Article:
Above: UK credit card spending data peaked in early June, image courtesy of Morgan Stanley.
But a gloomy assessment by the Bank of England already seems to be reflected in the current exchange rates of the pound:
The pound-to-euro exchange rate rose from a September 16 high of 1.1763 to 1.1609, the pound-dollar exchange rate rose from a September 14 high of 1.3913 to 1.3616.
The weakness in the British pound ahead of the Bank of England event comes against a backdrop of favorable market positioning opening the door to a market reaction to âsell the rumor, buy the factâ.
“We believe that the BoE wants to leave behind the lowest crisis interest rate and give itself the opportunity to start reducing its debt portfolio,” said a note from the Nordic lender and investment bank SEB.
Taking a âhawkishâ stance on the pound sterling, SEB anticipates that the Bank of England will end its quantitative easing program âprematurelyâ in November.
They forecast a rate hike of 0.15 basis points in May 2022 and another 0.25 basis point at the start of 2023 and again at the end of 2023, bringing the bank rate back to its level of. before the pandemic 0.75%.
“As the market in 2021 rewarded central bank-backed currencies on the verge of moving away from their very loose monetary stimuli, we expect the EUR / GBP to resume its downtrend in anticipation of BOE hikes, âSEB said.
Above: The 2021 Pound Rally ended in April.
SEB finds that one of the reasons for the recent rise in the value of the euro against the pound was a larger rise in euro area money market interest rates compared to UK rates before the decision from the European Central Bank in September.
But, that “turned out to be a bit of a disappointment for the markets, after which the EUR / GBP spread also started to fall again,” SEB said.
EUR / GBP is forecast by SEB to end 2021 at 0.84, resulting in a GBP / EUR rate of 1.19.
The arguments for the Bank to stick to a timeline of ending quantitative easing and starting a rate hike cycle in early 2022 are based on high levels of inflation in the UK.
“The damning public discourse on inflation is becoming increasingly hawkish, as inflation expectations remain poised to move in a short-term direction: up,” said Sanjay Raja, economist at Deutsche Bank.
He says navigating the trade-off between slowing growth and soaring headline inflation will require careful choreography – “and the Bank of England may run out of time to clearly define how it intends to navigate over the years. coming quarters with inflation above 3% year-on-year “.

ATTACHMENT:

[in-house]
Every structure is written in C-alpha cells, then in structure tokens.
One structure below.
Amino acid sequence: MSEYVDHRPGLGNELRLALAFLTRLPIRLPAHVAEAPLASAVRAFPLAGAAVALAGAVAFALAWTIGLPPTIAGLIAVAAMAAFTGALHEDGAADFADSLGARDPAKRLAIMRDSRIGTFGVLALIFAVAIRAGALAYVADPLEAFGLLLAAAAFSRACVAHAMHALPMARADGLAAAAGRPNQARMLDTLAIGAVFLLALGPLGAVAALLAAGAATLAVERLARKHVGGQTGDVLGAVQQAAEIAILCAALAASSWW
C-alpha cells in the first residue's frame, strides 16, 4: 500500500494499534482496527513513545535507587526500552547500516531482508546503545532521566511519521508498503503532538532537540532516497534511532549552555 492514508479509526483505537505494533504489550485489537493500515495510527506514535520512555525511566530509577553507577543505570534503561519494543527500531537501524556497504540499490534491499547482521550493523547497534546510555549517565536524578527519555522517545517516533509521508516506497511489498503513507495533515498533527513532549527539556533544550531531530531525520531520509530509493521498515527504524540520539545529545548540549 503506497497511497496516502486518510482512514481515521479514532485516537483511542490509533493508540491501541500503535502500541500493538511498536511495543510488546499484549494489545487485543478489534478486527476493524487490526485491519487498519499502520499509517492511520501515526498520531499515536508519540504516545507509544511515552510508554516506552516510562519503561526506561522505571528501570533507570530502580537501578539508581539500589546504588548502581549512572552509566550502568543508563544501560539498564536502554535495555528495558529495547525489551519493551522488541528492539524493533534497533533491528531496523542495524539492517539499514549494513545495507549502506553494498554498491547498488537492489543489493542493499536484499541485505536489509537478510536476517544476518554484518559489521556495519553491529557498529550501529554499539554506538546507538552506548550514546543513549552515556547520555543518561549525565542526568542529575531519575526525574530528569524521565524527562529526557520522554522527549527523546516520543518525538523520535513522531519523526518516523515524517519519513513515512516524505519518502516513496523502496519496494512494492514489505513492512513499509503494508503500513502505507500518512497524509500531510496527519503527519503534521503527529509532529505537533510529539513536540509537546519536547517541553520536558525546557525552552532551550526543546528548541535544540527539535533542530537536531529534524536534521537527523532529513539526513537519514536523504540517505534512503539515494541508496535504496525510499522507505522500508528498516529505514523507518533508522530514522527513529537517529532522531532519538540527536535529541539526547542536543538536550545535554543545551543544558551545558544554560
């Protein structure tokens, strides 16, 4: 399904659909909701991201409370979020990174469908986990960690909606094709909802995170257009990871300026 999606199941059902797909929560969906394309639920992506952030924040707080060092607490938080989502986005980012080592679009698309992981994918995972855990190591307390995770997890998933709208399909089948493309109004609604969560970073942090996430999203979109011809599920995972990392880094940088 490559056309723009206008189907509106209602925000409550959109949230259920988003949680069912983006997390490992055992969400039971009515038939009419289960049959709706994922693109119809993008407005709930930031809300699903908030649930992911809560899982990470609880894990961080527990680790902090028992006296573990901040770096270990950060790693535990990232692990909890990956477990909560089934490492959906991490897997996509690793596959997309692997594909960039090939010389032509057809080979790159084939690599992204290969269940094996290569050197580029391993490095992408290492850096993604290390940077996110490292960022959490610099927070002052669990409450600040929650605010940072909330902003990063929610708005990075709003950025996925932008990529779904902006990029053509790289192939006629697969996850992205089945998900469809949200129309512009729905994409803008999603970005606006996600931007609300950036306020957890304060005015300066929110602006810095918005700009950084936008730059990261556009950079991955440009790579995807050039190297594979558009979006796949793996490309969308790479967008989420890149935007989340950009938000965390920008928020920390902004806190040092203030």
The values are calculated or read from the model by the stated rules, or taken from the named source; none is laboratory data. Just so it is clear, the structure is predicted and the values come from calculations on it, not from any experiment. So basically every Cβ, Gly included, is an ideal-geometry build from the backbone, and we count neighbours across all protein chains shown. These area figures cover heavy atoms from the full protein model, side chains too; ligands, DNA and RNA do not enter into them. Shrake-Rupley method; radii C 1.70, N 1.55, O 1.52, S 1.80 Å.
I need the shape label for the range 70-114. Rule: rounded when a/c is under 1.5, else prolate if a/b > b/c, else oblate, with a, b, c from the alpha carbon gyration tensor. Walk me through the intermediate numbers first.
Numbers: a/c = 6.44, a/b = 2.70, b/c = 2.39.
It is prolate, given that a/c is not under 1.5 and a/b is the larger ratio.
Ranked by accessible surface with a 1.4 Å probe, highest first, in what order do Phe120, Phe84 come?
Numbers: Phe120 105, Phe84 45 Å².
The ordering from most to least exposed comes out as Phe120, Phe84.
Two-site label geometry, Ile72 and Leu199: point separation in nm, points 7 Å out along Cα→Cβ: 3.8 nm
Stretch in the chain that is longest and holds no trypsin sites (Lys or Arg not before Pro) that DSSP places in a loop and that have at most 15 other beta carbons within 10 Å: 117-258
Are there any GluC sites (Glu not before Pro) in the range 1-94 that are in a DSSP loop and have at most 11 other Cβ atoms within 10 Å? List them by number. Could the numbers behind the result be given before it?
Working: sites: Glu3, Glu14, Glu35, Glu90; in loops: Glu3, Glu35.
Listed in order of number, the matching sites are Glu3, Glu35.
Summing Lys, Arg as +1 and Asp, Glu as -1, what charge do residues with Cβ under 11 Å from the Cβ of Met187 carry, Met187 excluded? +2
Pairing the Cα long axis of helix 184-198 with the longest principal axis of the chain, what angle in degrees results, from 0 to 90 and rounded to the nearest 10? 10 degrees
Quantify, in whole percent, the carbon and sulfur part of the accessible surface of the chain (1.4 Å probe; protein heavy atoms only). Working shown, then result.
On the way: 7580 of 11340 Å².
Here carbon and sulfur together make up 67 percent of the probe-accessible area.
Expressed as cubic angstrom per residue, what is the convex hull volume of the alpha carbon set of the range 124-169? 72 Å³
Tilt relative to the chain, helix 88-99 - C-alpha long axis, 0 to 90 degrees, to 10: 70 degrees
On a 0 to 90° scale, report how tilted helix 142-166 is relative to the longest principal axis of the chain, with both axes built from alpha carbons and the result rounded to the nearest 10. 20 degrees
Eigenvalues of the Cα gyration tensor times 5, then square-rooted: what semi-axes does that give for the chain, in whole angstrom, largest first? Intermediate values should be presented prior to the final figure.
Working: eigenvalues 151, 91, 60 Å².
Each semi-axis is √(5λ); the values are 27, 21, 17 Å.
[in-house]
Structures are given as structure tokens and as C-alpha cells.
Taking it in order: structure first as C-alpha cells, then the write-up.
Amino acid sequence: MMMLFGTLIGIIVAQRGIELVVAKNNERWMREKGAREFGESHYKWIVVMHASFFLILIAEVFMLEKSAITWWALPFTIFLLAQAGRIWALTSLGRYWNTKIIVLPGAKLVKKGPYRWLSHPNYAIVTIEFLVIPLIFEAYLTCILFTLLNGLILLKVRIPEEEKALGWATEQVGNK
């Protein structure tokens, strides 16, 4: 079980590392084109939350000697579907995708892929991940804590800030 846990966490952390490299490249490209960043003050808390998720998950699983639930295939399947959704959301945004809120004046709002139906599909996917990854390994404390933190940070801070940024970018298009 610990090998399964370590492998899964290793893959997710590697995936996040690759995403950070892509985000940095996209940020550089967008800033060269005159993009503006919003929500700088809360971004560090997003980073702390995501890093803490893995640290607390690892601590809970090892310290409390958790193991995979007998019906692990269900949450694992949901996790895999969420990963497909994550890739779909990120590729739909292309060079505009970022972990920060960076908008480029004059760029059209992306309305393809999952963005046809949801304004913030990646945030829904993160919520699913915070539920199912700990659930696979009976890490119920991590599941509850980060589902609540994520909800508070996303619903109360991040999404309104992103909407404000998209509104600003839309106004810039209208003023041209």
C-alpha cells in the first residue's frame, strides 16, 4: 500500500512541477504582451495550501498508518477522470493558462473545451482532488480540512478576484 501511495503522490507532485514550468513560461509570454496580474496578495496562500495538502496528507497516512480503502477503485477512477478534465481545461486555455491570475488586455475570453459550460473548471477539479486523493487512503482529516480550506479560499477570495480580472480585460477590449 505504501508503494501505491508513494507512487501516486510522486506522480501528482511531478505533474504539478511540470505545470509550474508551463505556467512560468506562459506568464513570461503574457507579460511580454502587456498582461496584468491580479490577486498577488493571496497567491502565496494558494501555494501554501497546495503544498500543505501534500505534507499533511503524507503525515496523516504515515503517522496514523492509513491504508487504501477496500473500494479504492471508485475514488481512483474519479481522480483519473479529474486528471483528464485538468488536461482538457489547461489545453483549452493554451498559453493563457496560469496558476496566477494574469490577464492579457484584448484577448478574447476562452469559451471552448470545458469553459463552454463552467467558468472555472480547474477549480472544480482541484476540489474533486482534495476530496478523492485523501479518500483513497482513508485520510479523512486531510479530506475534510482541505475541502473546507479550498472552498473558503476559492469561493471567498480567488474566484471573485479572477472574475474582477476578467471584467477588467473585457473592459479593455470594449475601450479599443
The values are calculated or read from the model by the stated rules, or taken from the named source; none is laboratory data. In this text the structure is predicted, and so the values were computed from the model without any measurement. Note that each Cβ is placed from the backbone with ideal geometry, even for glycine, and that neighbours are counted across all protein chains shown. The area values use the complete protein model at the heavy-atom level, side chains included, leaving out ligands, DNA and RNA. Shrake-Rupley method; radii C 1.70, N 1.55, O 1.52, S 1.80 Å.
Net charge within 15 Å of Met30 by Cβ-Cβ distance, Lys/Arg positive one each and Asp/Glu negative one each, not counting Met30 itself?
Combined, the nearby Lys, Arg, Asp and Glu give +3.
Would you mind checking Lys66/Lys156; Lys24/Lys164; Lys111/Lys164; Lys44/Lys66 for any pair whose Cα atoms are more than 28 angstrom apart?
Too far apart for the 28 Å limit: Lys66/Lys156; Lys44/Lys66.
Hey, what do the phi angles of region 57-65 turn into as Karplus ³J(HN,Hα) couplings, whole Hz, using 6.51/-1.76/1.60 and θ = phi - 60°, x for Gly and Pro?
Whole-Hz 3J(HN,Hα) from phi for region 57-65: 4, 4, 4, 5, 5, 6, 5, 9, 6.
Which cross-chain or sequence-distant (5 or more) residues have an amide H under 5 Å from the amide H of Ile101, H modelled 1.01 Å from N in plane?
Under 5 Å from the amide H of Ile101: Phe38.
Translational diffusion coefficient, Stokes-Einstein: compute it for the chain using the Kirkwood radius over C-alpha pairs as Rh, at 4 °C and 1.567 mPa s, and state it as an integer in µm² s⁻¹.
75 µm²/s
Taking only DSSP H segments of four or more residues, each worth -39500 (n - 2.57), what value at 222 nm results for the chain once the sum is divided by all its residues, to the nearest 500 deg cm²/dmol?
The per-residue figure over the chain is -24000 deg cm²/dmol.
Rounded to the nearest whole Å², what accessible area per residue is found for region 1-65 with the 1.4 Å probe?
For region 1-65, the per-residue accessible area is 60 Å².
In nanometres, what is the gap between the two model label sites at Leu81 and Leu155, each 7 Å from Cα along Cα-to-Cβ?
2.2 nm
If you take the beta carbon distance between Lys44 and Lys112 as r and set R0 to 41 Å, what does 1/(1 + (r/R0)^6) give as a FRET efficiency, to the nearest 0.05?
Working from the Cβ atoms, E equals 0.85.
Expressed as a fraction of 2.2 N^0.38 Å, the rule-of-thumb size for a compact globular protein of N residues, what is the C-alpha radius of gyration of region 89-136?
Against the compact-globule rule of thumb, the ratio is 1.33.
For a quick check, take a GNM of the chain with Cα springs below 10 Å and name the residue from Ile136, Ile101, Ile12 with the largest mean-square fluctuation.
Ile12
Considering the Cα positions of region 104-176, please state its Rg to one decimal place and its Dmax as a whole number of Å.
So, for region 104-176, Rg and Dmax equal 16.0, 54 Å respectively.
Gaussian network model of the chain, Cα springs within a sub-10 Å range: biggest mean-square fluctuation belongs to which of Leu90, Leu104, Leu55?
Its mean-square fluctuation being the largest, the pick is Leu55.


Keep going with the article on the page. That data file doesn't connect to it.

Image courtesy of TD Securities.
Deutsche Bank finds that a 20% increase in Ofgem’s cap in April – when the cap needs to be reassessed – will add around 60 basis points to overall inflation rates.
Capital Economics only anticipates a first rate hike in 2023 – which, if correct, would deal a blow to sterling bulls – but claims that rising inflation and wholesale gas prices and electricity increases the risk that inflation expectations are no longer anchored.
Inflation ‘de-anchoring’ would occur if inflation expectations were raised: in short, expectations of higher inflation lead to higher inflation as businesses and consumers change their behavior.
“Even so, a rate hike anytime soon would likely prove counterproductive,” says Ruth Gregory, senior UK economist at Capital Economics.
They argue that raising interest rates would weaken demand and jeopardize the recovery and worsen the effects of longer-term economic scars.
“We expect a moderately ‘hawkish’ statement and report from the September MPC meeting on Thursday – but only in a general sense, and not a much more ‘hawkish’ outcome than at the August MPR. BMO Capital’s Gallo said.
BMO Capital expects to see a very low probability that the MPC will drop its description of above-target inflation as “transient” or “transient”; terms used to signal that inflation will come down again and therefore why interest rates do not need to be increased.
The bank will seek to avoid any major communication changes in its Thursday update and BMO Capital does not expect any change in tone to shock the currency and interest rate markets.
Gallo notes that the market is broadly positioned for a lower EUR / GBP and has already absorbed expectations of higher interest rates in 2022.
âAs such, we believe the risk of a ‘hawkish shock’ for BoE investors this week is low,â said Gallo.